I once had a job that felt like a shrunken wool sweater.
I was a teacher-mentor, meaning that I was supposed to teach teachers how to teach.
I was twenty-nine. New to Maryland. And the kicker? I was assigned a school where the average teacher had been at the school for at least fifteen years.
People ducked under their desks when they saw me coming.
When I met with my director, she asked me to come up with some professional goals. I slid a piece of paper across the table, on which I had typed, "Grow thicker skin."
We both laughed. She took her reading glasses off, and tapped them on the table. "It's a good goal, though. You need to learn that being liked isn't important. Nobody likes me." Then, she winked. "Welcome to the Confederacy."
It was technically The South, so people said things like that.
Her words followed me, as I made my power-points about differentiated instruction, and set up spreadsheets for staff meetings. I watched the students, engaged in learning, gossiping in the hallways, and lingering by classroom doors, and felt a separateness I had never experienced in a school setting.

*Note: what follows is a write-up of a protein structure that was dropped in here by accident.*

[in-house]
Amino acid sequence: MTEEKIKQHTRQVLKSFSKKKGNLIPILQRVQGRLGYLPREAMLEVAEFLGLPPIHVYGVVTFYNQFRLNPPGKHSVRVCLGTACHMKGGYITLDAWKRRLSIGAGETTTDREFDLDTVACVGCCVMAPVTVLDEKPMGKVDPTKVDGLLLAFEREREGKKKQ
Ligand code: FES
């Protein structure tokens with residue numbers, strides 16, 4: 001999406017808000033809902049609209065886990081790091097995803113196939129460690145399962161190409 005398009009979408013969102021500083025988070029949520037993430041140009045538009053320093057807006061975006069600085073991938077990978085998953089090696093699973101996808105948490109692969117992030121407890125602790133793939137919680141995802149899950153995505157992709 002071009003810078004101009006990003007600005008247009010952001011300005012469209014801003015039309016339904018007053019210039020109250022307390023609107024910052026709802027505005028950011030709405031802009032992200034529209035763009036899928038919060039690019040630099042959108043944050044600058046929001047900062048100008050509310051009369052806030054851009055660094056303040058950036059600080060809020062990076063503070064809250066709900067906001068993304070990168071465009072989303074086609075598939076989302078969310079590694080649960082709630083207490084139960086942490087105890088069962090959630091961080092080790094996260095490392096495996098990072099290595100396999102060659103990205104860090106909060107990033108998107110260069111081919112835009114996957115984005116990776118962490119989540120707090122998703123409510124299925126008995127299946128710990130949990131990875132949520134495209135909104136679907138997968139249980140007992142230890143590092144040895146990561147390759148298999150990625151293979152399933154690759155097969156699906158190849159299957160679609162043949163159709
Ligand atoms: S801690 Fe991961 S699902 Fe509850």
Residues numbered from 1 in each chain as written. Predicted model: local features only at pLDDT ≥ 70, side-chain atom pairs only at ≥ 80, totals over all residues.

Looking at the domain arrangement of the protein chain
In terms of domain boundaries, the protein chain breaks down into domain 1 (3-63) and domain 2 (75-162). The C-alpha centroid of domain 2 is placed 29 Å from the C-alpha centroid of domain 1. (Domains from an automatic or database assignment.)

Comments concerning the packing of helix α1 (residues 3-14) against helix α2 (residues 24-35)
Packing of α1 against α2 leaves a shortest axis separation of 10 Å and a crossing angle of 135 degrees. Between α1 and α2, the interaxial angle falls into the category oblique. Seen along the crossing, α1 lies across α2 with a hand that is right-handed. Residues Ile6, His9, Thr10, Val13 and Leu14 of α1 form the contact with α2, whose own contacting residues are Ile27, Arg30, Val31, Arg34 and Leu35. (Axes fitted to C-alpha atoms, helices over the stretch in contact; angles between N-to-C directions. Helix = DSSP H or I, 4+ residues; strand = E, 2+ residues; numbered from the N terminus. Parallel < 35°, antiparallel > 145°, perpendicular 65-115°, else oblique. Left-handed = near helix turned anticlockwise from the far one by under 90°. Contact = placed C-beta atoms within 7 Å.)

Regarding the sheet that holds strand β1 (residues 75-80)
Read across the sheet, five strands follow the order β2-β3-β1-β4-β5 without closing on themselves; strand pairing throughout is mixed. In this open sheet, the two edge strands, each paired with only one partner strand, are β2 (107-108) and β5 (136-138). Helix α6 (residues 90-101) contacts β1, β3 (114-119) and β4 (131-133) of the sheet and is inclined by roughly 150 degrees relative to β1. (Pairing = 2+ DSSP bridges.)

I cried in my office, and ate my dried turkey sandwich at my desk.
I watched a co-worker teach a lesson, and her energy pulsed through the room. The students forgot to be bored, dropped the swagger, and smiled.
I cried in my office again, and imagined that in another life, I would be friends with that teacher.
One afternoon, as I was graphing data from the most recent assessment, I cried. I felt the failure, coating me from head to toe. My skin was still thin, and now I could hardly see it anymore.
I told my principal, "I cannot do this job anymore. Can you get me a job in the classroom?"
The following year, I was teaching sixth grade. With thin skin, and at last, a smile. I had rejected The Confederacy.